When Championing A Cause Size Doesn't Matter
They say it takes no longer than a blink of an eye to “size” up another person. At nearly four-feet, five-inches tall, Barbara Flink, 63, has endured her share of snap judgements. However, it doesn’t take long to discover that what Flink may lack in stature she makes up tenfold in personality and wit.
“I’m not married and I don’t have children, but I have dated all seven dwarfs,” she introduces herself, with a wry smile followed by a big belly laugh.
She goes on to explain that she was born with Turner syndrome, a genetic condition that can cause a number of medical issues, including less than average height.
Despite life's hurdles, as a child Flink went on to excel both academically and socially. And in spite of the ribbing she receieved at school and on the playground, Flink learned to turn the table on her adversaries.
“It was a given — I was going to be noticed,” shares Flink, a native of Miami Beach, Florida. “I decided at about 12 years old that I would catch my classmates off guard with a dose of self-deprecating jokes of my own. I began to use humor to work through my insecurities. Besides, I’m an entertainer at heart — I’ve always found satisfaction in amusing others.”
The apple didn’t fall far from the tree. Flink says she comes from a long line of jokesters. Growing-up, her father and brother were always at the ready with a funny one-liner.
“No matter my size I had to compete to be just as clever,” says Flink, who after earning a bachelor’s degree in education went on to receive a master’s degree in computer science from Villanova University.
As she transitioned to the workplace, Flink continued to address the "elephant in the room" with a combination of humor and an ever increasing air of confidence. As she advanced in her career she was forced to make several major moves, finally landing in Raleigh, North Carolina, where she is employed as a senior business application software developer with BMC, a national building materials holding company.
For the most part settled in what some would call a humdrum existence of work and home, three years ago, on her 60th birthday, Flink received news that turned her life upside down. After a routine physical complete with blood work, Flink learned she had chronic lymphocytic leukemia (CLL), a type of blood cancer for which there is no cure.
“It definitely wasn’t the birthday gift I was looking for,” quips Flink, furrowing her eyebrows just enough to emphasize her displeasure. “But seriously — what’s surprising to me is that at the time I was diagnosed I felt fine — no fatigue, night sweats or weight loss — symptoms that usually accompany a diagnosis of CLL. I just would not have suspected I was anything but healthy.”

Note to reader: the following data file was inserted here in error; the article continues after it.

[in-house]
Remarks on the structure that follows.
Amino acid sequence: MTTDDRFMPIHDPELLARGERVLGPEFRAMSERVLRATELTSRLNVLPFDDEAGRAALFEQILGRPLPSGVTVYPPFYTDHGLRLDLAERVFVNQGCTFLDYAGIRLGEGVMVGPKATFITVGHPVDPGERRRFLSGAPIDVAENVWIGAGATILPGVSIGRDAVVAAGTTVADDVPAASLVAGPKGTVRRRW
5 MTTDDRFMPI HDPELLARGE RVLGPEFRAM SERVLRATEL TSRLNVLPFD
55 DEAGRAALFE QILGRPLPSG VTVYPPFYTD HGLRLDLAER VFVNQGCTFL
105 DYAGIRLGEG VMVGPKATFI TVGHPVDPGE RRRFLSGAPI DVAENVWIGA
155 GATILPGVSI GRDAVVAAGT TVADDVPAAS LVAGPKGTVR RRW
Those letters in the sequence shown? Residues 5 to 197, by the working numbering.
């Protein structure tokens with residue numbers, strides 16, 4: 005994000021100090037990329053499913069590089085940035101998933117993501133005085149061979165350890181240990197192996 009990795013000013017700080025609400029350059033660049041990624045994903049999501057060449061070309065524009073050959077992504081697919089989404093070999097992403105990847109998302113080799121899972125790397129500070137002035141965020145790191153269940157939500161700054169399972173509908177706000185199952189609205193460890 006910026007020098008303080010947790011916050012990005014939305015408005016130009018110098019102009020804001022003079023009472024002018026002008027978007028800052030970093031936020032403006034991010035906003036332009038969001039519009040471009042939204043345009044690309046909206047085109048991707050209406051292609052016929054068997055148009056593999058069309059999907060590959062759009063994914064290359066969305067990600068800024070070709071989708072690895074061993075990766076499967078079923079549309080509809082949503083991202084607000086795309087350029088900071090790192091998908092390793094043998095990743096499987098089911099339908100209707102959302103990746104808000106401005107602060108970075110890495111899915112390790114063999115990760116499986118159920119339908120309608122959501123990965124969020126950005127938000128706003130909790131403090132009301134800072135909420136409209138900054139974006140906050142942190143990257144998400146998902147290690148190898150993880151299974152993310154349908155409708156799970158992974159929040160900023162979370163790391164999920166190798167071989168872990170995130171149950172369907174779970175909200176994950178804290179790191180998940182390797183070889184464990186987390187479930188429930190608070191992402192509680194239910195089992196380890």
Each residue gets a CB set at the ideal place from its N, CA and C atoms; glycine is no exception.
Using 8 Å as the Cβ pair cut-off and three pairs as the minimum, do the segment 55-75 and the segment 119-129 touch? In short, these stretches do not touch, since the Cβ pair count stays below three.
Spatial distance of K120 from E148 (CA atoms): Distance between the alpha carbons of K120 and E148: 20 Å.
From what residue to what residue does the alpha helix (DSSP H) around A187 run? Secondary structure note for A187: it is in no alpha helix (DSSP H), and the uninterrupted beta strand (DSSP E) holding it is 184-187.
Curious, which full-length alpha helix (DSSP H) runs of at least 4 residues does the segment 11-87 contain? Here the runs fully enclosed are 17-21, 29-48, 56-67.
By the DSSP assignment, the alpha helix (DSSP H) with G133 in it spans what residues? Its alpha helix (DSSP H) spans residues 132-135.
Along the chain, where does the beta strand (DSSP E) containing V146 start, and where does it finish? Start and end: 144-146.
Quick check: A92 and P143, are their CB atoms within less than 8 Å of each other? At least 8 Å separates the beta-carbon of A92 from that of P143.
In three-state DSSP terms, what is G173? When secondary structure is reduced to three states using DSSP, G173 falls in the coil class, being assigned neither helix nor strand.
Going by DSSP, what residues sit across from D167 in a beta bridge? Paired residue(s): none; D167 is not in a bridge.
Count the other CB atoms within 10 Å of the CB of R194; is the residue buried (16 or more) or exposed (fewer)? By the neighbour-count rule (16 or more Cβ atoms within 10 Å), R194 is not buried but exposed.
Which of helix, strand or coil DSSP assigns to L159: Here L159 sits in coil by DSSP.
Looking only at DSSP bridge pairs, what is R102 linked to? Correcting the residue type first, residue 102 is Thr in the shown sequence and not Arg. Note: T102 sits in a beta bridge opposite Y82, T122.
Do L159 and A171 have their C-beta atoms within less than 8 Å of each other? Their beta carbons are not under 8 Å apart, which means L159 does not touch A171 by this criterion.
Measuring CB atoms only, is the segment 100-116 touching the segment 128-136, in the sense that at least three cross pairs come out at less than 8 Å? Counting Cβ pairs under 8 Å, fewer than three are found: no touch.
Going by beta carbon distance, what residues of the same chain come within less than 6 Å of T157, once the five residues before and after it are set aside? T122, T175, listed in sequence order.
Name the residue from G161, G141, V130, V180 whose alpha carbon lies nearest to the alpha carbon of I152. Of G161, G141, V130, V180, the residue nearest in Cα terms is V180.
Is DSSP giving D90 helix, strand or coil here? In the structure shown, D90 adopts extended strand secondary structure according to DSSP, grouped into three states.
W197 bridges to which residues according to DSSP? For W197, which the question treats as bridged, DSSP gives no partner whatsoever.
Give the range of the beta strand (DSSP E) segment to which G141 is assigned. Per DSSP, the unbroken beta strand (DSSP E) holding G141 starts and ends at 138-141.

Because Flink did not experience any typical symptoms at the time of her diagnosis, her oncologist opted for a watch and wait treatment strategy.
Then, earlier this year, Flink came down with a couple of respiratory infections. She says her health went “downhill from there.” Her oncologist had since moved, and Flink was now receiving care from Duke cell therapy and hematologic malignancies specialist Danielle Brander, MD. In May, Brander put Flink on ibrutinib, a non-chemo drug shown to decrease the risk of death more dramatically than the standard chemotherapy protocol.
“Today I take a pill once a day,” she says. “So far, so good. For the past two months, my white cell count has been in the normal range. I’ll remain on this course of therapy until it doesn’t work anymore. Hopefully, when that happens science will have made possible other options to treat my cancer.”
Having attended every Turner Syndrome Society conference every year for 30 years, Flink has been an advocate most of her adult life. It seemed natural then that when she was diagnosed with chronic lymphocytic leukemia, she would team up with The Leukemia and Lymphoma Society (LLS), largest nonprofit supporting the fight against her disease.
“I’m grateful for the support provided by LLS,” says Flink, who after her diagnosis discovered BMC sponsors The Leukemia and Lymphoma Society’s annual walk, Light The Night. “The society is one of the largest funders of cutting-edge blood cancer research. For me, that means breakthrough research that might lead to a cure for CLL.”
Flink will step out Nov. 3 with her company’s fundraising team, Team BMC, to participate in the 2018 Light The Night walk. To date, BMC has raised more than $17,000 toward its $50,000 goal.
“It’s good to know that even before I was diagnosed with leukemia, BMC was all-in,” says Flink, a broad smile of satisfaction crossing her face. “I look forward to getting out there with my co-workers, knowing that what we are doing can make a difference for so many battling CLL, including me.”
The 2018 Triangle Light The Night will be held on Saturday, Nov. 3, at Booth Amphitheatre in Cary, North Carolina. To learn more or to join or donate to Flink, visit Barbara Flink. To donate to or join Team Duke Cancer Institute, led by Danielle Brander, MD, visit Team DCI.